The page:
This is why the bubble in Bend RE must inevitably bust. Almost everything possible is being done to promote low wage industries, while conversely everything possible is being done to induce artificial land shortages. So instead of building on the practically infinite land available within 30 miles of Bend, we end up with mega-density housing so builders can somehow bring prices within some semblance of attainability. Builders are basically incentive-ized to do this by the City.

I don't know how else this can play out: The City spends tremendous amounts to fill Bachelor ski lifts, (that are already at 100+% capacity) they leave these same low-paying employers begging for employees, leaving them to hire foreigners in some cases. We're feeding demand, yet starving supply.

We've got lower than average wages, and far higher than average prices. At some point the masses will rebel. Then the middle class will. Who is going to run the show? We're doing everything possible to ensure that 90+% of all Bendites CAN'T MAKE IT here.

92 percent of residential real estate listings are priced above what is considered affordable for households earning 120 percent of the area's median income.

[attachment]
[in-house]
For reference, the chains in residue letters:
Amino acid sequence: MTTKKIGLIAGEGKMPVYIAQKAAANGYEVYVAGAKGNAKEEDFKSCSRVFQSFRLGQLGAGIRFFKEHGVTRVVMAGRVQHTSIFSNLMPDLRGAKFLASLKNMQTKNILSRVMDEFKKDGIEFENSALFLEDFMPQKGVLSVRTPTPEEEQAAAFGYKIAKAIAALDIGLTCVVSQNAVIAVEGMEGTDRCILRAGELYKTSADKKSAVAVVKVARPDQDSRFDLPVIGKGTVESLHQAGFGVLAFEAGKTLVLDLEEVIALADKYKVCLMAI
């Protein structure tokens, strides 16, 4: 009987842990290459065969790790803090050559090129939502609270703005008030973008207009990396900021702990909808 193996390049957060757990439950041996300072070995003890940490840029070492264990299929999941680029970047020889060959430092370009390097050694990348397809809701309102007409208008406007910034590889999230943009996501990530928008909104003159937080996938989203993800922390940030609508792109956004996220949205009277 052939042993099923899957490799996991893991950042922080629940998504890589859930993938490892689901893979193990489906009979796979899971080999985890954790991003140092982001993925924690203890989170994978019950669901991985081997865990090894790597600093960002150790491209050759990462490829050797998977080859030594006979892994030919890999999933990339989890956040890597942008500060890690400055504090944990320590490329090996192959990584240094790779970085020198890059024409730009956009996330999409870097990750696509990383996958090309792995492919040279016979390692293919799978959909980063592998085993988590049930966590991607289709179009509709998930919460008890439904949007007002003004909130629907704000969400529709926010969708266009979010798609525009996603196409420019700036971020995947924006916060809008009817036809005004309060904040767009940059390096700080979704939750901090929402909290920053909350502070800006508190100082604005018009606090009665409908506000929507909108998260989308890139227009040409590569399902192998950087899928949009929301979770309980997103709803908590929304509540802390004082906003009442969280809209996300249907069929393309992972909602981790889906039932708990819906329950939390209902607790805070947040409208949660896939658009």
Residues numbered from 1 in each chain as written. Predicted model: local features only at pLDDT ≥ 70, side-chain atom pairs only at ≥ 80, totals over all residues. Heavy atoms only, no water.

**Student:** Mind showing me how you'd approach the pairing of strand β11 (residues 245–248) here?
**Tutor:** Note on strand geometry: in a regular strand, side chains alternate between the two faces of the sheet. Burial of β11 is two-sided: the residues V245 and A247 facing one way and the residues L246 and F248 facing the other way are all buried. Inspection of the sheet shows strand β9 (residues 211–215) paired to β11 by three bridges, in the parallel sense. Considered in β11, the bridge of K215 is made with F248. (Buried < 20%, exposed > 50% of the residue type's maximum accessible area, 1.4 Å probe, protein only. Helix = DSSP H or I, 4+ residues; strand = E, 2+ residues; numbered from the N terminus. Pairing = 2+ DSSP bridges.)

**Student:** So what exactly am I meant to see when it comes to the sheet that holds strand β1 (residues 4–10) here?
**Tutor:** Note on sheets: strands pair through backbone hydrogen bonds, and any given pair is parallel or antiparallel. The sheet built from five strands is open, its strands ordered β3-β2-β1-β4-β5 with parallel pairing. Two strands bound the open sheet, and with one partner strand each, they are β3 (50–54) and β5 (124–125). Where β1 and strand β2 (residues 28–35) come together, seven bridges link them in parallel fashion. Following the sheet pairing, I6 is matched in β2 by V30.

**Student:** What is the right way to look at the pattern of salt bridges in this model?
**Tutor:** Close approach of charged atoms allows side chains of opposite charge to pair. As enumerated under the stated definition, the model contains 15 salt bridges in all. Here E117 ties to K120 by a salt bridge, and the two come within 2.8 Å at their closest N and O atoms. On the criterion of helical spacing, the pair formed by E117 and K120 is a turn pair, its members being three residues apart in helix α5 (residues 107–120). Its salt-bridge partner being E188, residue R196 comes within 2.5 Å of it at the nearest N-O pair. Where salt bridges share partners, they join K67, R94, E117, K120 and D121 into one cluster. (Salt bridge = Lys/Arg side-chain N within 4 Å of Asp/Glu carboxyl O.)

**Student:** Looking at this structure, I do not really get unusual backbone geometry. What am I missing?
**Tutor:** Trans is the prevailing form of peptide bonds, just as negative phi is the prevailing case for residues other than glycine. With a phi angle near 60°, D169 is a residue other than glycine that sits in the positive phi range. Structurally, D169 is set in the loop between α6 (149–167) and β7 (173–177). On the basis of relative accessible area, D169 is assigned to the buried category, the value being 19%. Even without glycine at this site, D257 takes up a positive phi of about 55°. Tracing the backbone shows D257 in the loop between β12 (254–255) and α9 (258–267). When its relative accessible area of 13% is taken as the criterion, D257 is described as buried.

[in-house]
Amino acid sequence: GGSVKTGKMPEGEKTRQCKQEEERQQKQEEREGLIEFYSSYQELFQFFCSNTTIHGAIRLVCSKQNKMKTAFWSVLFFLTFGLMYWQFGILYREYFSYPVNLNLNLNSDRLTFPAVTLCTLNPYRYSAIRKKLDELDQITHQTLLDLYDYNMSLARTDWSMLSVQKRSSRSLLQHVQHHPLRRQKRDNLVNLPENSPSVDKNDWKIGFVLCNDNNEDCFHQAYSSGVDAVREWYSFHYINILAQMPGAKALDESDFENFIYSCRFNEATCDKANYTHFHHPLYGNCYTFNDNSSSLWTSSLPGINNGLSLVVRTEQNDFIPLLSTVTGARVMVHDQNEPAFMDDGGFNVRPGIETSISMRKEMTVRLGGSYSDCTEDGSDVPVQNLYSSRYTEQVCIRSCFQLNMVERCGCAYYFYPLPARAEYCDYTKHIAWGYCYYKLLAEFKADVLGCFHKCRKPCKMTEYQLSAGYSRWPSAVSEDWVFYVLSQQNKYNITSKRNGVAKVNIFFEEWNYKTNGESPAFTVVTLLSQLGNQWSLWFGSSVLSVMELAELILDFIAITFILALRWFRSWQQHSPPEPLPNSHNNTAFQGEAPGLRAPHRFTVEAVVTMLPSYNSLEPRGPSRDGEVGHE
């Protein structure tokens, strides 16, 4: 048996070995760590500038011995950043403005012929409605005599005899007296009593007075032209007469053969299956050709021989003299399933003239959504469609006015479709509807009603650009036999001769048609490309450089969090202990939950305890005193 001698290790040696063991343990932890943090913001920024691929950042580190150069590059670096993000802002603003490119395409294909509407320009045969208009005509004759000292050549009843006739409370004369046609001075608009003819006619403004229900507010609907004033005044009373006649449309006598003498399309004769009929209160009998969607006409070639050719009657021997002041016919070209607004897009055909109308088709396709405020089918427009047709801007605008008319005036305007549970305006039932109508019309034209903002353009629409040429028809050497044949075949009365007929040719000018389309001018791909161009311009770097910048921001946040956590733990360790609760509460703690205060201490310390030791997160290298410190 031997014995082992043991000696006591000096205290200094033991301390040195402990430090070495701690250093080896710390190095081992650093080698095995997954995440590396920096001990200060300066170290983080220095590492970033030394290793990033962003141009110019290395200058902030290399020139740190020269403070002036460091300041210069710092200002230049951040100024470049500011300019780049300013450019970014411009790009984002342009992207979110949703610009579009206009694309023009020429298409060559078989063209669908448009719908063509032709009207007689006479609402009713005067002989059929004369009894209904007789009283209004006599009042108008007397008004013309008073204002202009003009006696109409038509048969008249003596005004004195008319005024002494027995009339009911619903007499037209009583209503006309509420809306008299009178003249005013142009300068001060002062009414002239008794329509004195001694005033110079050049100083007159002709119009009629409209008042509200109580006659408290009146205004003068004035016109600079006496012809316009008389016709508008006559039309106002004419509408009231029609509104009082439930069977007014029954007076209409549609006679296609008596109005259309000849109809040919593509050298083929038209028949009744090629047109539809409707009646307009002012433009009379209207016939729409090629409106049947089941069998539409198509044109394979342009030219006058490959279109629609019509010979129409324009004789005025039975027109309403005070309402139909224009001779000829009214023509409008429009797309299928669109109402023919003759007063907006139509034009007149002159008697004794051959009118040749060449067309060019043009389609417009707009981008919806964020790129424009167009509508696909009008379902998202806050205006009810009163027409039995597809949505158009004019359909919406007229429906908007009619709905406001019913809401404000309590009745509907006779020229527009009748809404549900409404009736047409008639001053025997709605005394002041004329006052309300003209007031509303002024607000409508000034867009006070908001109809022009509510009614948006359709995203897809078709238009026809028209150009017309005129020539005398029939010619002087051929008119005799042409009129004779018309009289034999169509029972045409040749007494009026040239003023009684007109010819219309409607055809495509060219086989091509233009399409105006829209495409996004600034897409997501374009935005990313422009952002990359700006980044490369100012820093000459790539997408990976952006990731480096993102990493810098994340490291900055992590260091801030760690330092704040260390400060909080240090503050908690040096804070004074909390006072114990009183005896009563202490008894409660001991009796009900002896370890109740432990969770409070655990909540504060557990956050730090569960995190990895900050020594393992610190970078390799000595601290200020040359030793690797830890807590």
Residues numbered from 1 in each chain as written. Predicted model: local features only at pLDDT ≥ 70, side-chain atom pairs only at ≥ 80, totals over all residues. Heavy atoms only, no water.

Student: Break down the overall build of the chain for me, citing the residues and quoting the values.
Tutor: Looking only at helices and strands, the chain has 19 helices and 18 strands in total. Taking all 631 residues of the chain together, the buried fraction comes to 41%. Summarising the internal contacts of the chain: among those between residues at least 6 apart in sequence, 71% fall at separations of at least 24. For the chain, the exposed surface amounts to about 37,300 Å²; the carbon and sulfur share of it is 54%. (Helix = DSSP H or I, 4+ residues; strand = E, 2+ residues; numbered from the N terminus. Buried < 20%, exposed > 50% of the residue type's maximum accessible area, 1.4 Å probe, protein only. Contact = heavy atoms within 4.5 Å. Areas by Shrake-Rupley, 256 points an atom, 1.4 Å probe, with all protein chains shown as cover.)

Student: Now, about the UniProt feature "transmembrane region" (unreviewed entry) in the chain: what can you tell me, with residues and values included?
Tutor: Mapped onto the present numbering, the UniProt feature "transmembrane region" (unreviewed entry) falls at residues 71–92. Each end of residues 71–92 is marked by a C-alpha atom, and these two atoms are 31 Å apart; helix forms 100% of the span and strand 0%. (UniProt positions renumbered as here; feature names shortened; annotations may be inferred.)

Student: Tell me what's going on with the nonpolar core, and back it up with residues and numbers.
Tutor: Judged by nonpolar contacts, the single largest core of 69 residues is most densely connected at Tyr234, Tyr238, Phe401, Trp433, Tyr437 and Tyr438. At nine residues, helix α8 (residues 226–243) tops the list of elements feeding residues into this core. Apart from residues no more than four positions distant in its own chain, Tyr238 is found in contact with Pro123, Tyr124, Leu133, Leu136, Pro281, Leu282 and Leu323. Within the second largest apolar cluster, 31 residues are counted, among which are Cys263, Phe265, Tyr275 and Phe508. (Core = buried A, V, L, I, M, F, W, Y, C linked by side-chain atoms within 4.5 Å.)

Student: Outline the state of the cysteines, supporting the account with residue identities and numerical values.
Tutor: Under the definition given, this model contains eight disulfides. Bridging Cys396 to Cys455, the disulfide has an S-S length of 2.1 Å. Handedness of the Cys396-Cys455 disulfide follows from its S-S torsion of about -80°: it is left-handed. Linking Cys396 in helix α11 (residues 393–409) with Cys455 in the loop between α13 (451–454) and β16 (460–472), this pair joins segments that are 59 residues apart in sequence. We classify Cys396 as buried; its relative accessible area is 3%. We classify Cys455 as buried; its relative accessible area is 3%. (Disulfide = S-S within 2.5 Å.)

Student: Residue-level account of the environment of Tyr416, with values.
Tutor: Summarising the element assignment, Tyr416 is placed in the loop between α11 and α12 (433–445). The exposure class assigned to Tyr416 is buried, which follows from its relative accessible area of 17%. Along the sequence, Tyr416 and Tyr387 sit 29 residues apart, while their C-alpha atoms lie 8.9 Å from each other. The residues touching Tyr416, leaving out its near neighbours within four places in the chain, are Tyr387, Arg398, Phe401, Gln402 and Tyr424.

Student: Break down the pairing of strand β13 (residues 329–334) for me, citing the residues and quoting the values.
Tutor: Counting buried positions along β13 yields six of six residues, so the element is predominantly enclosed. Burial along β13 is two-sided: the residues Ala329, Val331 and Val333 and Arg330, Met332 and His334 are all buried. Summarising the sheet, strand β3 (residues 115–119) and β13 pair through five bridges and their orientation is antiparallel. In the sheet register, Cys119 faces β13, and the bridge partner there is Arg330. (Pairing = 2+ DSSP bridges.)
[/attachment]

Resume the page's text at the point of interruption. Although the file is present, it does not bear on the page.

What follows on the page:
Somethings gotta give. Our city is pursuing a antique paradigm of demand stimulation, when we are in fact supply starved. There aren't enough job seekers because prices are so insanely high compared to well below average wages. It seems this can only lead to economic contraction. Bend needs to concentrate on job creation, not DEMAND STIMULATION. Bachelor will SURVIVE. Our current policies are actually going to shrink this place economically. Wealth is being destroyed because the City is living in 1975. We are engineering our own Economic Bust... AGAIN. In attempts to entrench The Wealthy, we are ensuring the destruction of wealth at all levels.

Realize that when 92% of the locals can't make it, you are encouraging population flight. Who's going to live in all the homes we've built? They'll go up for sale, but no one can buy, no one makes enough. Until we start encouraging employers to move to Bend, we ensure our own economic destruction. There MUST be a tenable MIDDLE CLASS.

6 comments:

Douglas said...